Saul Steinberg, Here and NowWhile I was working at the State Library in Montana I lobbied the GIS specialists upstairs to help the library try something different and geocode our state document collection to Montana map points. Sort of like this idea (more detail here). I still think it was a good idea and maybe they’ll get around to it someday. More interesting than state-produced information though is the cartography of human experience.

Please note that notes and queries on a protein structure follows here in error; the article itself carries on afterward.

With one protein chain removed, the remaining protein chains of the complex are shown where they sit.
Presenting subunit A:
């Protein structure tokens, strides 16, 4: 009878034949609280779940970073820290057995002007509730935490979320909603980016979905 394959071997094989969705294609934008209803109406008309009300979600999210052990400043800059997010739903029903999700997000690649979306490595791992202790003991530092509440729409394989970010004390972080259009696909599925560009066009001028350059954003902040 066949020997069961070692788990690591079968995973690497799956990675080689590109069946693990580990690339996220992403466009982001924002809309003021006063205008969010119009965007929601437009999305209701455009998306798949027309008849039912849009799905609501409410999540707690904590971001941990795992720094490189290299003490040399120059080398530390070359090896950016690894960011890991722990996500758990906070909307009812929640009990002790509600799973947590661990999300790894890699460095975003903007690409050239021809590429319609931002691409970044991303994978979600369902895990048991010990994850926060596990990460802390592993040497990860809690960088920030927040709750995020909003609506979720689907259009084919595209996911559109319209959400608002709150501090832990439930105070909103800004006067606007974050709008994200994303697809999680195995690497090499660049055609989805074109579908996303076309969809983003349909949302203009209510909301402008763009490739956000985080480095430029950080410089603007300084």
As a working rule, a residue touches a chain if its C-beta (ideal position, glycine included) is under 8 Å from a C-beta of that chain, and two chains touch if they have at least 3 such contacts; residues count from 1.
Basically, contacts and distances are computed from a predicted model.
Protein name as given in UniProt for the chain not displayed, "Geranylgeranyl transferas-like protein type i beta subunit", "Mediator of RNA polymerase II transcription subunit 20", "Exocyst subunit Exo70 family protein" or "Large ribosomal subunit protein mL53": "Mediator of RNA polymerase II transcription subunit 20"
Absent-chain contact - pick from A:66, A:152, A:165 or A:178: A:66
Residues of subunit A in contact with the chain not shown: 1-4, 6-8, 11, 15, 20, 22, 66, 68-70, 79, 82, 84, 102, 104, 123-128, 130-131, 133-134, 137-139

Humanistic geography reflects on culture, thoughts, and behavior as they are associated with place. It is asking why people chose to live where they do and what places are important to them. Usually that results in stories. Or histories. It is imagining geography as something other than the scientific logging of spatial coordinates. And it includes what ethnographers call a “numinous response” (i.e., places that foster the strongest affective response such as empathy and awe or reverence.) The term is often used in reference to museum exhibits or historical sites but can easily translate to any place where a strong emotional connection to a site that matters to us is felt. Those places remain part of our personal history. And some of them hold similar emotions for others too. Mapping life events instead of writing them down chronologically. Now that’s an interesting approach to autobiography.